Something amazing happened in our house recently. The challenging process of learning our letters and sounding out each one is long behind us. My youngest child is thirteen, and she’s a strong reader. My other children are twenty and twenty-four. So it’s been quite some time since I read aloud to my children.
Shared Reading Time
As soon as they were strong readers, shared reading time seemed to fade away. But I decided that I would read a classic—Huck Finn in this case, to my daughter over her breakfast. I had several objectives in mind:
- I wanted her to have more exposure to good writing. Yes, yes, don’t we all?
- I also wanted her to be able to recognize the unique language of individual authors; in this case Mark Twain.
- I also wanted to further my own exposure to good writing—in other words, expose myself to some of the classics that had been left out of my own education. (In case you hadn’t yet figured this out, one of the BEST things about homeschooling is that we finally get the wonderful education that we wished we’d had.)
- I wanted some quality time with this daughter. As she has grown more focused and responsible in her schooling, (and there were some years where this possibility was in question) I have had less and less interaction with her, and frankly, I missed her.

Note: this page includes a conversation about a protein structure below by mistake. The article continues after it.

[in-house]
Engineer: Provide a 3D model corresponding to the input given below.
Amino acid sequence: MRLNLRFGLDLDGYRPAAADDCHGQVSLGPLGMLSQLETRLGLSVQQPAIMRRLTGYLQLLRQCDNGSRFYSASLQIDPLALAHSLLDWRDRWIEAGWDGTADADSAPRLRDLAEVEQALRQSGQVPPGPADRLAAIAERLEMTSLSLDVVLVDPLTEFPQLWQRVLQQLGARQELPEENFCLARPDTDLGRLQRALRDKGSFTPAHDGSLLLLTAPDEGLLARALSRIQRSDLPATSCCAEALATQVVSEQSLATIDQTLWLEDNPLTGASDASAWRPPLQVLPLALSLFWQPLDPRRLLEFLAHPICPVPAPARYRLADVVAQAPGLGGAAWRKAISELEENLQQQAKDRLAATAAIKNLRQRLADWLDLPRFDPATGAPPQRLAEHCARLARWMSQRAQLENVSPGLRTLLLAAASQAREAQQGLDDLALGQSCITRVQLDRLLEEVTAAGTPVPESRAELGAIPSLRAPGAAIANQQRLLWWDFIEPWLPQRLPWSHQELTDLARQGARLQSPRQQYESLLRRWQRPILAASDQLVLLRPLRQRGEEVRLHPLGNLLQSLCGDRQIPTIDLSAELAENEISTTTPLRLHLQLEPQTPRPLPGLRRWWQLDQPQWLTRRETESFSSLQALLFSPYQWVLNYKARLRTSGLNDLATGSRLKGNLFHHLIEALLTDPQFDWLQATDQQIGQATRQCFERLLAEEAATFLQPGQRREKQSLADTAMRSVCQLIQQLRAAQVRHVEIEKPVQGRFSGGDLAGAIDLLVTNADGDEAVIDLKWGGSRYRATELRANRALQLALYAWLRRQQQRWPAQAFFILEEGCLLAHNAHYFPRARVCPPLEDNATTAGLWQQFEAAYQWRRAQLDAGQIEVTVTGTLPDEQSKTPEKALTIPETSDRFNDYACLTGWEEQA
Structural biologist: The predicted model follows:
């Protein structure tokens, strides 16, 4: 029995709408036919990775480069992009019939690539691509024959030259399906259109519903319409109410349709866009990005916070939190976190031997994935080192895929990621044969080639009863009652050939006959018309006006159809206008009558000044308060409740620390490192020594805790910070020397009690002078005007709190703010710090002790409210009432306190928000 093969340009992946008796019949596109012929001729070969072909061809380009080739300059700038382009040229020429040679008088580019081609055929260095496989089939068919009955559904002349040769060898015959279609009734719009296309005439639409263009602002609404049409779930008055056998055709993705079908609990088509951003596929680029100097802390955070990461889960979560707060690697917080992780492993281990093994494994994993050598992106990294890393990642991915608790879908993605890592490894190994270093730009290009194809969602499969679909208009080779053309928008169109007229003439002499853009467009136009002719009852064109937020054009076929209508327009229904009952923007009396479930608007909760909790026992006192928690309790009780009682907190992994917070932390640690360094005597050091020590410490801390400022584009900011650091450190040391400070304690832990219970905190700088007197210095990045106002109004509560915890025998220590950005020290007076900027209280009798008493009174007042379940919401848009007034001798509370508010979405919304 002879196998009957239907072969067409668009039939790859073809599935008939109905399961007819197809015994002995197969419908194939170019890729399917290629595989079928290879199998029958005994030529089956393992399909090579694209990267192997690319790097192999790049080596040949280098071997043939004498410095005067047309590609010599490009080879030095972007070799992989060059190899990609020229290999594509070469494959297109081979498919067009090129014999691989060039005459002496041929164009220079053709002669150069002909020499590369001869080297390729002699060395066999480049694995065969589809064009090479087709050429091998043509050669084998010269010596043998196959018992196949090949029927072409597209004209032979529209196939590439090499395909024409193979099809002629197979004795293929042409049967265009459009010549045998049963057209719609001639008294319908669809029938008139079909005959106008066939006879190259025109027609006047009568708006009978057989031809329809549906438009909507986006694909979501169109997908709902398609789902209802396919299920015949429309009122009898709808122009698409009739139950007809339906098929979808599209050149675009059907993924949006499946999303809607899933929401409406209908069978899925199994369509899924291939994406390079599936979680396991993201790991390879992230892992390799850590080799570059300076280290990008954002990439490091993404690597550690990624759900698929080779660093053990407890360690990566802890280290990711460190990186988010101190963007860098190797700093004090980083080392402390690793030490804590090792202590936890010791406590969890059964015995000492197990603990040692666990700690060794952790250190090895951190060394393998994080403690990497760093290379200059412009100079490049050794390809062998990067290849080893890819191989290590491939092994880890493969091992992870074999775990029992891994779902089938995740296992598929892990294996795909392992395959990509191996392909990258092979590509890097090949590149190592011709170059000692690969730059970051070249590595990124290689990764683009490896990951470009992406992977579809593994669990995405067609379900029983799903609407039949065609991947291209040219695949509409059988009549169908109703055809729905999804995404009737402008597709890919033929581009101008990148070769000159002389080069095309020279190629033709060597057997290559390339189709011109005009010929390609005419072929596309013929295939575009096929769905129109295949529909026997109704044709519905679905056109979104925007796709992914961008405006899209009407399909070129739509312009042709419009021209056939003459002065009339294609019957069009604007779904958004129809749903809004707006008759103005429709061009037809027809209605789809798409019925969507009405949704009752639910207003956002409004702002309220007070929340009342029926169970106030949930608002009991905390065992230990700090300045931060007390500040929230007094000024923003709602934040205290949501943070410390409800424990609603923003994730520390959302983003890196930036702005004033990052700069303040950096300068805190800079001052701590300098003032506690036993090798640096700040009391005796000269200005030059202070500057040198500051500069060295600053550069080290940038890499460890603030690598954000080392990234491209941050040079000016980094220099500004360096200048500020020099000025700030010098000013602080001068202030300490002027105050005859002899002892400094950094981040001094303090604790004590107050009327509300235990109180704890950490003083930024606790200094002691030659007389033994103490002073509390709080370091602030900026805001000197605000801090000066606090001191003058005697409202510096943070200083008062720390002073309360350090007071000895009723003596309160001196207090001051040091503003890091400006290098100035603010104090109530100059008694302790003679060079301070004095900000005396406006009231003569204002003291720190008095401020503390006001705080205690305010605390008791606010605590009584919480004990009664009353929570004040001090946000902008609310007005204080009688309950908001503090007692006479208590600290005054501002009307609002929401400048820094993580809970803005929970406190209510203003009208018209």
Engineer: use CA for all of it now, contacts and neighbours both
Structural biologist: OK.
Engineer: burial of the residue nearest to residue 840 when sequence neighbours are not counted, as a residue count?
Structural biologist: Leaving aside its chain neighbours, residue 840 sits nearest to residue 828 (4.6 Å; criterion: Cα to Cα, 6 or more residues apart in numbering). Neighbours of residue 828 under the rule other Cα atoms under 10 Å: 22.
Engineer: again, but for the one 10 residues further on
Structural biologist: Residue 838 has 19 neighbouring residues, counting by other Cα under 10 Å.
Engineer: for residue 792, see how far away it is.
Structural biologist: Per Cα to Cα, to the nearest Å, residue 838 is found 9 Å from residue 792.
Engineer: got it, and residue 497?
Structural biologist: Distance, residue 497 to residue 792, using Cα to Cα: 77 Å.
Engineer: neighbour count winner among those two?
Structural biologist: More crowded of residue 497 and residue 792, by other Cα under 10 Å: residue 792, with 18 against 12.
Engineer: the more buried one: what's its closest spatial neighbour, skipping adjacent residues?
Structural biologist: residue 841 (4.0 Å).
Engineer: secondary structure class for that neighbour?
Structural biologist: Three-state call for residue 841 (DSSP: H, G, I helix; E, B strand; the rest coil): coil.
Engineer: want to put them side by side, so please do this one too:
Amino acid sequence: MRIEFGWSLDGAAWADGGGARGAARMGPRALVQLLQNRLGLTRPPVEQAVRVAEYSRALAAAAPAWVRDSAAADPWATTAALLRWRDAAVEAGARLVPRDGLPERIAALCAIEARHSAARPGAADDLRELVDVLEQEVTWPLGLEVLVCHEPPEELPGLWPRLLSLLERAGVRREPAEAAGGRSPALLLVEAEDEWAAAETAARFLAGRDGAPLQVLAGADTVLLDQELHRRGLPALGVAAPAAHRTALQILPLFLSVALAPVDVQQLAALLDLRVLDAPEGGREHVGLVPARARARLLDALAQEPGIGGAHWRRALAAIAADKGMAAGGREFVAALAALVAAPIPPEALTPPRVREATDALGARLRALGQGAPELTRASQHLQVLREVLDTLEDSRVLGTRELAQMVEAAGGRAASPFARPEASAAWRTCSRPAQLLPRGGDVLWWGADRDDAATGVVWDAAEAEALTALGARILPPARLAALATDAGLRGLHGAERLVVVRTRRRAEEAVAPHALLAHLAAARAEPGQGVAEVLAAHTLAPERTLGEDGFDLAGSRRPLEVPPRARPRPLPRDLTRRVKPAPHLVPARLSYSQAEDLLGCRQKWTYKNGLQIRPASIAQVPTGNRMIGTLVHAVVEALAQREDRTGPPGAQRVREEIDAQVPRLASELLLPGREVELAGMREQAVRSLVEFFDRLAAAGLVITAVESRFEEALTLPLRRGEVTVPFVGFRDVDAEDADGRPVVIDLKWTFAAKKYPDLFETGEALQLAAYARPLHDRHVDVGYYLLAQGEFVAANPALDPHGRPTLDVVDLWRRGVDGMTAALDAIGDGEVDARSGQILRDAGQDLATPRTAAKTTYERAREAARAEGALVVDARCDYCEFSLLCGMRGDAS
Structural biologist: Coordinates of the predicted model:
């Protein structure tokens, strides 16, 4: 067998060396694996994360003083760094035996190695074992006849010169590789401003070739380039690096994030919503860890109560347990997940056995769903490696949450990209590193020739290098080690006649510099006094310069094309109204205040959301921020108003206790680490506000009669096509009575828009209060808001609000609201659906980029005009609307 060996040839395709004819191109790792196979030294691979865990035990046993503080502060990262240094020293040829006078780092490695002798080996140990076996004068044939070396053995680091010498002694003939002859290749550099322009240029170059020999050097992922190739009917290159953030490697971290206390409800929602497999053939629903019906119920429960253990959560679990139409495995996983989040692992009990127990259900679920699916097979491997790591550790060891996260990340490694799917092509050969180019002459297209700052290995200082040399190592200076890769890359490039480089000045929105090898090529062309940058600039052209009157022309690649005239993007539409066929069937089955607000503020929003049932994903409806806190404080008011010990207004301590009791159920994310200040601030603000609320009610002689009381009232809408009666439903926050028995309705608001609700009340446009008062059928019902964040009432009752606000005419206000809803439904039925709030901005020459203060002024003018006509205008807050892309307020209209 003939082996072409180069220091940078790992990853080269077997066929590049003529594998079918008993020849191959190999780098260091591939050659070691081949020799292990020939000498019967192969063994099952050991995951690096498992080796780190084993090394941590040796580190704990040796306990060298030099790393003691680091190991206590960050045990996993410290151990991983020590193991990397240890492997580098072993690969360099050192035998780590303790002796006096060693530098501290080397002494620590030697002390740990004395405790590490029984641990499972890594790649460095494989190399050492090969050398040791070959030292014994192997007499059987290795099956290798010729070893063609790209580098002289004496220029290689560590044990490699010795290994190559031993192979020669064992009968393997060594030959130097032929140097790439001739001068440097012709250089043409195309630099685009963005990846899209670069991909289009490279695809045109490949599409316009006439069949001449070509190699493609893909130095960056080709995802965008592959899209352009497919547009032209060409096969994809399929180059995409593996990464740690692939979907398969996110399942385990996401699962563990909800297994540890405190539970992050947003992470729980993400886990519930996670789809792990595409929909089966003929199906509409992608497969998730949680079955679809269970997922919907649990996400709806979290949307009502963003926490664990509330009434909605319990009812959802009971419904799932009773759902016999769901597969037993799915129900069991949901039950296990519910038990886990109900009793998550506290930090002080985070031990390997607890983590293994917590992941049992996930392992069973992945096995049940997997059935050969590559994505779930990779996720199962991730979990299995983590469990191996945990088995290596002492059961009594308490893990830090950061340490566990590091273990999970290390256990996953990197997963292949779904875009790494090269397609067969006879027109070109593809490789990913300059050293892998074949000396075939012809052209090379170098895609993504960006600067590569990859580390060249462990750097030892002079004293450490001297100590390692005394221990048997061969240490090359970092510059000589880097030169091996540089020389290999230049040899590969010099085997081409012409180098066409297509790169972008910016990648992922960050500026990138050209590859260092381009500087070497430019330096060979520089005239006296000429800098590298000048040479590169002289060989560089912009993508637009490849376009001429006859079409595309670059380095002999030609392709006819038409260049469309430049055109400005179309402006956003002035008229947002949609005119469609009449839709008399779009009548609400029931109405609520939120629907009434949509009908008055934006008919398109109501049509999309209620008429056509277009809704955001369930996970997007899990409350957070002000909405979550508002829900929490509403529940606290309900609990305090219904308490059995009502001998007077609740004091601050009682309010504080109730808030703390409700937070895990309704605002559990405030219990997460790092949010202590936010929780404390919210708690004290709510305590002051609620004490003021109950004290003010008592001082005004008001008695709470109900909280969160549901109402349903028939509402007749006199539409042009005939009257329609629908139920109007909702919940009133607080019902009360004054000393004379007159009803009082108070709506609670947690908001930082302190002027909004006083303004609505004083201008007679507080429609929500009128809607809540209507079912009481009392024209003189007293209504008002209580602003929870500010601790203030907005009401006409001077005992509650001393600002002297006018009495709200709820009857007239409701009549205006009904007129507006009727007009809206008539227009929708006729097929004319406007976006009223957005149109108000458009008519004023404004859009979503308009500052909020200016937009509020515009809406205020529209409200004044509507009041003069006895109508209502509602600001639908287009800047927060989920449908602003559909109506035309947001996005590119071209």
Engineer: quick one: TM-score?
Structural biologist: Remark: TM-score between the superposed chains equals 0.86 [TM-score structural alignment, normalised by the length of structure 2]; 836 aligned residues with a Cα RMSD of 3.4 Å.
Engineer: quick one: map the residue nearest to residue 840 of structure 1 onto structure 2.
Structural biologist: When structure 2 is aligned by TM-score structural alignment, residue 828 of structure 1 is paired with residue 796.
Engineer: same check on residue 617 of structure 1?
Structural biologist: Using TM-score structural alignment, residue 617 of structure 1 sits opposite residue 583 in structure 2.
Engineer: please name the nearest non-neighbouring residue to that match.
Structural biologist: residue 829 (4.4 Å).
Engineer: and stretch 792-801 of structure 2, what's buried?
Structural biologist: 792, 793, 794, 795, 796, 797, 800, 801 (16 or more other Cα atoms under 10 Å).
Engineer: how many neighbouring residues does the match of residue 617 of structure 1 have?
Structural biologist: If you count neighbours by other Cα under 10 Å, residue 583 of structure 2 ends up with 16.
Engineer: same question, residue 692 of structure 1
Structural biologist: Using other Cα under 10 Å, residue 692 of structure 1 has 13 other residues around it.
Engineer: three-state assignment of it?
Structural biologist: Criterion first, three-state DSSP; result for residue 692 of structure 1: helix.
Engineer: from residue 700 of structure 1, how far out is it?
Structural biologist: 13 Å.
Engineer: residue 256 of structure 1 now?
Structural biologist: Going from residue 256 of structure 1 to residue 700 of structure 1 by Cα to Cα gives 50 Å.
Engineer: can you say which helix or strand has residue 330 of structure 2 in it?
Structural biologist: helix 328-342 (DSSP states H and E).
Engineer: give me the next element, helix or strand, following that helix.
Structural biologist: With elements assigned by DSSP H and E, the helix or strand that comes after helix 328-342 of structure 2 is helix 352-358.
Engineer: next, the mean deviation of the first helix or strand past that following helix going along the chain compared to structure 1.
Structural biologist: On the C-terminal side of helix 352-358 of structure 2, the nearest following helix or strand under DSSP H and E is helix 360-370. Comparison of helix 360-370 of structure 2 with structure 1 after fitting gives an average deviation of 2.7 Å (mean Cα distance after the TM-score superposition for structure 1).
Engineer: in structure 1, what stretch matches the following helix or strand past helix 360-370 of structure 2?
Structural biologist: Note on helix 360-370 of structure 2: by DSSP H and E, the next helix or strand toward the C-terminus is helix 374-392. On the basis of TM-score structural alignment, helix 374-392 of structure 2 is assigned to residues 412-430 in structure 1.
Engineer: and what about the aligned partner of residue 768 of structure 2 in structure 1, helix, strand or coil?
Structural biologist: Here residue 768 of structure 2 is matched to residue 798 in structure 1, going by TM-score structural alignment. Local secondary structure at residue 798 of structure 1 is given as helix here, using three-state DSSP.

- I also love killing two birds with one stone. What a bizarrely graphic metaphor. Seems an odd coupling with something as savory as breakfast. But since eating breakfast happens every day, we might as well accompany it with something valuable. Come hither little birds.
So read I did. And all of those aforementioned objectives were met.
But there was a surprise.
And here’s where the amazing comes in.
The Family Gathers Around
The rest of the family began to gather. One by one, they began to attend our reading—even my husband! One adult child even asked us to hold off on a particular chapter until they could join us (college finals called them away.) It was astounding to me how the act of reading a good book aloud brought people together. Previously, I had thought this was perhaps an antiquated notion, more in line with Little House on the Prairie days when people had no other options, no computer games, no amazing video documentaries, no Legos.
But there we were, gathered round the table, listening, laughing, and even analyzing the reading afterward in a thoughtful way. In fact I’ve come to a conclusion about Huck Finn: it should be read once as a child for the action-drama in it, and then read again as an adult for the amazing interwoven anti-slavery and social commentary in it—stuff most likely lost on a child’s reading.
What an amazing time I had with my family. Good grief! How had I missed this?
So now it is part of the plan. Huck Finn is finished. And we’ve already picked out our next book—Treasure Island.
I have also come to a firm conclusion on just when you should stop reading to your children: when they are eighty.